The instant dollop of torque masks the Porsche’s 2,210kg weight, though this is a car feeling substantial, rather than heavy. Solid, as if hewn from one enormous billet of metal. You don’t need to cover many miles to understand why the Panamera has such broad appeal. The potential of returning 141 miles per gallon and favourable benefit in kind rates don’t hurt, either.

Using only the electric motor quickly becomes an enjoyable practice, even for dyed-in-the-wool petrolheads. Instant response and a fill of torque right away can be smile-inducing, even in urban confines. This Porsche feels stealthy, as if flying under the radar due to the near silence. As relaxing as driving with zero tailpipe emissions can be, twisting the driving mode selector is awfully tempting, especially because, when the 2.9-litre twin-turbocharged V6 barks into life, it adds another layer of excitement to the Panamera’s terrific everyday performance. The force-fed V6 is a sonorous thing, not as vocal as the V8 slung into the Panamera Turbo S, but engaging enough, nonetheless.

The Jekyll & Hyde nature of being able to combine both motors simultaneously transforms the Panamera from comfortable cruiser to high-performance bruiser. In the right situation, this car is savagely quick and has an abundance of grip to give drivers the confidence to explore the full bandwidth of power. Maximum outputs of 456bhp and 516lbft are not to be sniffed at.

From a standing start, and with Sport Chrono activated, only 4.2 seconds will pass before 62mph flashes up. 12.5 seconds later, you’ll see 124mph tick past (where permissible, of course!). Throughout this dynamic onslaught, the driver’s seat holds you in place with as much grip as its four corners can muster. When you get the Porsche out onto more challenging roads, however, its mass does begin to make itself known.

This aspect is clear when scrubbing off speed in a hurry, even though there’s plenty of bite from those luminous six-piston aluminium monobloc fixed calipers (deletion of the Acid Green colour is a no-cost option if you want to keep a slightly lower profile). Pedal feel is reassuringly positive, something often lacking in plug-in hybrids due to how they recuperate energy back to the battery. Nevertheless, you are often aware of how hard the brakes are working to dissipate higher speeds whilst keeping everything in check from a directional perspective.

This is largely dependent on the frequency at which you’re exploiting the full extent of the electrified powertrain. In reality, the Panamera 4 E-Hybrid is better suited to covering the day-to-day travel needs at six or seven tenths pace. Good thing the steering is still a strong point in the Panamera’s repertoire. In fact, it’s sublime. Porsche remains one of the few companies to produce steering feel excellent at any speed or situation. Another real highlight is the way in which the eight-speed PDK transmission operates — in particular, how it works when the Panamera reverts to its Hybrid Auto setting when battery charge depletes.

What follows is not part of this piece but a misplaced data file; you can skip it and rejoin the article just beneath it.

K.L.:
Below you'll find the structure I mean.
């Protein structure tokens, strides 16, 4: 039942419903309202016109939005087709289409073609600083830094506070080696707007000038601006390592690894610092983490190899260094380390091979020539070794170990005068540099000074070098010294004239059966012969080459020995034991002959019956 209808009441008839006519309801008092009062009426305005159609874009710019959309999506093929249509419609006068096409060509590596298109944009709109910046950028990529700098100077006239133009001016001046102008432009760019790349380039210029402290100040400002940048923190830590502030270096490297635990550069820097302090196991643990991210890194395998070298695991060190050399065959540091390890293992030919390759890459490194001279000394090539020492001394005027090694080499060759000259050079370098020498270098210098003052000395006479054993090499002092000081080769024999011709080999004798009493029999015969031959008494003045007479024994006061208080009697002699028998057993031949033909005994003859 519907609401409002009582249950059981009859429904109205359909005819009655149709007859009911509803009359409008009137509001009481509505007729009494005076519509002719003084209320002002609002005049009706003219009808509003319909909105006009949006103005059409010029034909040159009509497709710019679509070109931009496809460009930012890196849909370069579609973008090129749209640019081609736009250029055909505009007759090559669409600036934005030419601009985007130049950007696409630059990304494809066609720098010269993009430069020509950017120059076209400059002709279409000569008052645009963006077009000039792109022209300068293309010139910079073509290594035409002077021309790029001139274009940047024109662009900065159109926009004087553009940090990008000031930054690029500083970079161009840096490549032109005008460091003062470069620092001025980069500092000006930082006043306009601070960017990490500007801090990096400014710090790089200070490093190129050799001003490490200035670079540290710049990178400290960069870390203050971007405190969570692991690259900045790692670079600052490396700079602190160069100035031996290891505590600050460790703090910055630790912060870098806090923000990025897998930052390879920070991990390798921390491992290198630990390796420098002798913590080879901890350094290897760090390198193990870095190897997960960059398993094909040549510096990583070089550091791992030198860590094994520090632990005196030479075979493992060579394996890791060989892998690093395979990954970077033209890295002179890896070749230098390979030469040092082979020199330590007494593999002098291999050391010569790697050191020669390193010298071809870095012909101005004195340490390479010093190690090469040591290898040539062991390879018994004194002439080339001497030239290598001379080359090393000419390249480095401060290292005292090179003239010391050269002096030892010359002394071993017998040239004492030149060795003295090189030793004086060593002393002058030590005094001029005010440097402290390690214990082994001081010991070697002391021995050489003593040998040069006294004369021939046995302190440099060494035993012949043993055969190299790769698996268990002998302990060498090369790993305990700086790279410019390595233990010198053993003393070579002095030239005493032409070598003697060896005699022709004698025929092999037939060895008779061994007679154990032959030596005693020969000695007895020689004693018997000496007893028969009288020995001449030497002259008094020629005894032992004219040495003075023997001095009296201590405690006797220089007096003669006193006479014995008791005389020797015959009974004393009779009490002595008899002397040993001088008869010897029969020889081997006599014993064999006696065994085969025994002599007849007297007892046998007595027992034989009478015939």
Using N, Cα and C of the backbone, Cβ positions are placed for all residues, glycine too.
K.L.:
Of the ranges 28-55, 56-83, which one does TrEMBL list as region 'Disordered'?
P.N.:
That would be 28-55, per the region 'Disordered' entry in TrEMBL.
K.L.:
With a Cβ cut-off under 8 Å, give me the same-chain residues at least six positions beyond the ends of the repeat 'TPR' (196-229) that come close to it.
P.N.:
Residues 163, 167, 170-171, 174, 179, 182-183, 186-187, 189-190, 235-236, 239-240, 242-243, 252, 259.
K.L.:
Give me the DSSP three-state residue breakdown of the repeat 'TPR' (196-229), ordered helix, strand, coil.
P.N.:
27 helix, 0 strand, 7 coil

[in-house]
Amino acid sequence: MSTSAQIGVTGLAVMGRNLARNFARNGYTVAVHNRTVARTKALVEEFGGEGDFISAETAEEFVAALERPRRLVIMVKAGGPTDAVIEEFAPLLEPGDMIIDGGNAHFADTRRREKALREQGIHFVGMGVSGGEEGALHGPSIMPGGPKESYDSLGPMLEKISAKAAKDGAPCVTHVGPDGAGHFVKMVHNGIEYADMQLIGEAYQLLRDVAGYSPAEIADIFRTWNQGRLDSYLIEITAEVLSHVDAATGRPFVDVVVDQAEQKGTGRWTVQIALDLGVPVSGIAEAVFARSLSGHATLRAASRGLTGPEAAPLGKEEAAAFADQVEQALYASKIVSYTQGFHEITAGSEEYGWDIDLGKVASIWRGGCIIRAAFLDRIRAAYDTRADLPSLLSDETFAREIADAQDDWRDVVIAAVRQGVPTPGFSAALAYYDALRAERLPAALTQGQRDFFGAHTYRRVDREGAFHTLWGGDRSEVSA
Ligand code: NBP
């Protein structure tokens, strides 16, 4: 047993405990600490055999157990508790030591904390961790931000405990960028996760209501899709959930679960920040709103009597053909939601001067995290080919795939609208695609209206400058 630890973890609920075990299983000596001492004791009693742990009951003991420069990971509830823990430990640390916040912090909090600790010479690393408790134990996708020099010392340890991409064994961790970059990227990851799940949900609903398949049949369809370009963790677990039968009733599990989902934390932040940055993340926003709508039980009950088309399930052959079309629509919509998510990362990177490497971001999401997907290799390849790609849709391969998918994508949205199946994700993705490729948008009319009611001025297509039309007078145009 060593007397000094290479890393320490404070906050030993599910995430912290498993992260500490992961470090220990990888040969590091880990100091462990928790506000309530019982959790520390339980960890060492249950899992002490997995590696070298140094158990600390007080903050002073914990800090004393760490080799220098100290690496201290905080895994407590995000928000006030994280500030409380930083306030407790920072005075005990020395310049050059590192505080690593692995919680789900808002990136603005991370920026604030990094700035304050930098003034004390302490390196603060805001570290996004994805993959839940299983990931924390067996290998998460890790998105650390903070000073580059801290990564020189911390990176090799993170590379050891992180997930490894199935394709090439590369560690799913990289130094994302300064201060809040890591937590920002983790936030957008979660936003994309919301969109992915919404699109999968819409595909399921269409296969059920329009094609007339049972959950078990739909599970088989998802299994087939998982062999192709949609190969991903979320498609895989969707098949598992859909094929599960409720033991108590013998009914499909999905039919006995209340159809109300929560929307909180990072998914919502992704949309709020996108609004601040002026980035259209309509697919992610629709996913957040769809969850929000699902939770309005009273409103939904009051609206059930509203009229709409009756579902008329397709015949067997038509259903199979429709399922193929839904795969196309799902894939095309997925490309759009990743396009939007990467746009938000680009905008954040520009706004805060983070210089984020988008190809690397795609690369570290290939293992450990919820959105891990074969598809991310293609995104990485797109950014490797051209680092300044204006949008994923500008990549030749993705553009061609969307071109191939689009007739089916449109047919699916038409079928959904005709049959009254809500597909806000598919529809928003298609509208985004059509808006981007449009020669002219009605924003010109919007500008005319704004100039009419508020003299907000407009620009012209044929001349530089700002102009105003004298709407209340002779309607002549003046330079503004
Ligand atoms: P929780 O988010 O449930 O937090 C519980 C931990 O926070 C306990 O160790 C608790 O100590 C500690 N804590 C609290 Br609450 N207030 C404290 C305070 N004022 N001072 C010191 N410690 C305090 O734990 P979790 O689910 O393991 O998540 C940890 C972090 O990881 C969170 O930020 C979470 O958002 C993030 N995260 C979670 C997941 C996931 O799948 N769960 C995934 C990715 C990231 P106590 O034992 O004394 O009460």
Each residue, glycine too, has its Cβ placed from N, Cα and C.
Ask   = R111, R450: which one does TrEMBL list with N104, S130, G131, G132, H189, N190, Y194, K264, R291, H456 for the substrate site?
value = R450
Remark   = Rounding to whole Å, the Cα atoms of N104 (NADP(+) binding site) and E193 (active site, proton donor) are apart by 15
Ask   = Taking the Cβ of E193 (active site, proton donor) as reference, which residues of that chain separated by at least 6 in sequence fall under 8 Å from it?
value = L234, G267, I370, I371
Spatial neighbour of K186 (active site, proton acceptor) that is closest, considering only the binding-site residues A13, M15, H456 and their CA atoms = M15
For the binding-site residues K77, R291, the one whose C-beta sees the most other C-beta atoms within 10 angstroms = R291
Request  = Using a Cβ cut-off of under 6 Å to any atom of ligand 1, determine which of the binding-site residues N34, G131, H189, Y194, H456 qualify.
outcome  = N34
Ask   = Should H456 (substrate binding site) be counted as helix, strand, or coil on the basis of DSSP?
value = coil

There are some who would suggest the arrival of the Taycan could call last orders for at least the Panamera 4 E-Hybrid. After all, the Taycan is sleeker, faster and goes the whole hog with an electric powertrain. That said, some Taycan owners will still be hamstrung by a public charging network struggling to keep pace with the mass adoption of EVs. The Panamera may have a significantly shorter battery range than the Taycan, but filling up the petrol tank is never going to be more than the work of a few minutes and you won’t need any special smartphone apps or club memberships. Thanks to its size, charging the E-Hybrid’s battery at home or work doesn’t take that long, either. The 7.2kW onboard AC charger is ideal for most home-charging setups, though it can’t use the full potential of the wider public charging network, which can often supply up to 22kW on AC. Porsche is aware of this and even recommends its plug-in hybrid models “are preferably charged at home”.

The Porsche plug-in hybrid powertrain is not only an attractive proposition from the perspective of sheer desirability, but also the reduced cost of ownership (compared to purely petrol power and assuming you make the most of the battery’s potential), which can very quickly add up to substantial savings. Putting this aside, the Panamera 4 E-Hybrid Platinum Edition represents one of the best iterations of the Panamera line-up to date, with aesthetic upgrades giving the host ‘more door’ an enhanced sense of class and quality. And let’s not forget, the Panamera is a much more engaging car to drive than many other German luxury saloons. The Taycan, meanwhile, is an altogether different proposition — the potential hurdles some drivers may see with adoption of a fully electric powertrain, especially those drivers frequently covering longer distances, can be overcome by the Panamera. Proof there’s plenty of life left in this Porsche yet.

Above Stealthy Jet Black Metallic paintwork lets the new Panamera stay under the radar

Above Acid green accents indicate you’re in the presence of a plug-in hybrid, though the colour can be deleted as a nocost option.

Above It’ll cost you an extra £8,140, but the Platinum Edition rewards with plenty of dark, moody trim and lashings of upgraded comfort equipment.

Above The zero to 62mph sprint is completed in just 4.2 seconds — an impressive figure for a Porsche carrying so much weight.


  • Model 2023 Porsche Panamera 4 E-Hybrid Platinum Edition
  • Type 971 body
  • Price Panamera from £71,460, car as tested £93,460
  • Engine 2.9-litre turbocharged V6 petrol
  • Transmission Eight-speed PDK dual-clutch auto with Porsche Traction Management (PTM) all-wheel drive
  • Economy 113.0-141.2mpg
  • CO2 emissions 48-57g/km
  • Top speed 174mph
  • 0-62mph 4.4 seconds
  • Max Power 456bhp (combined)
  • Max Torque 516lb-ft combined
  • Weight 2,210kg (DIN)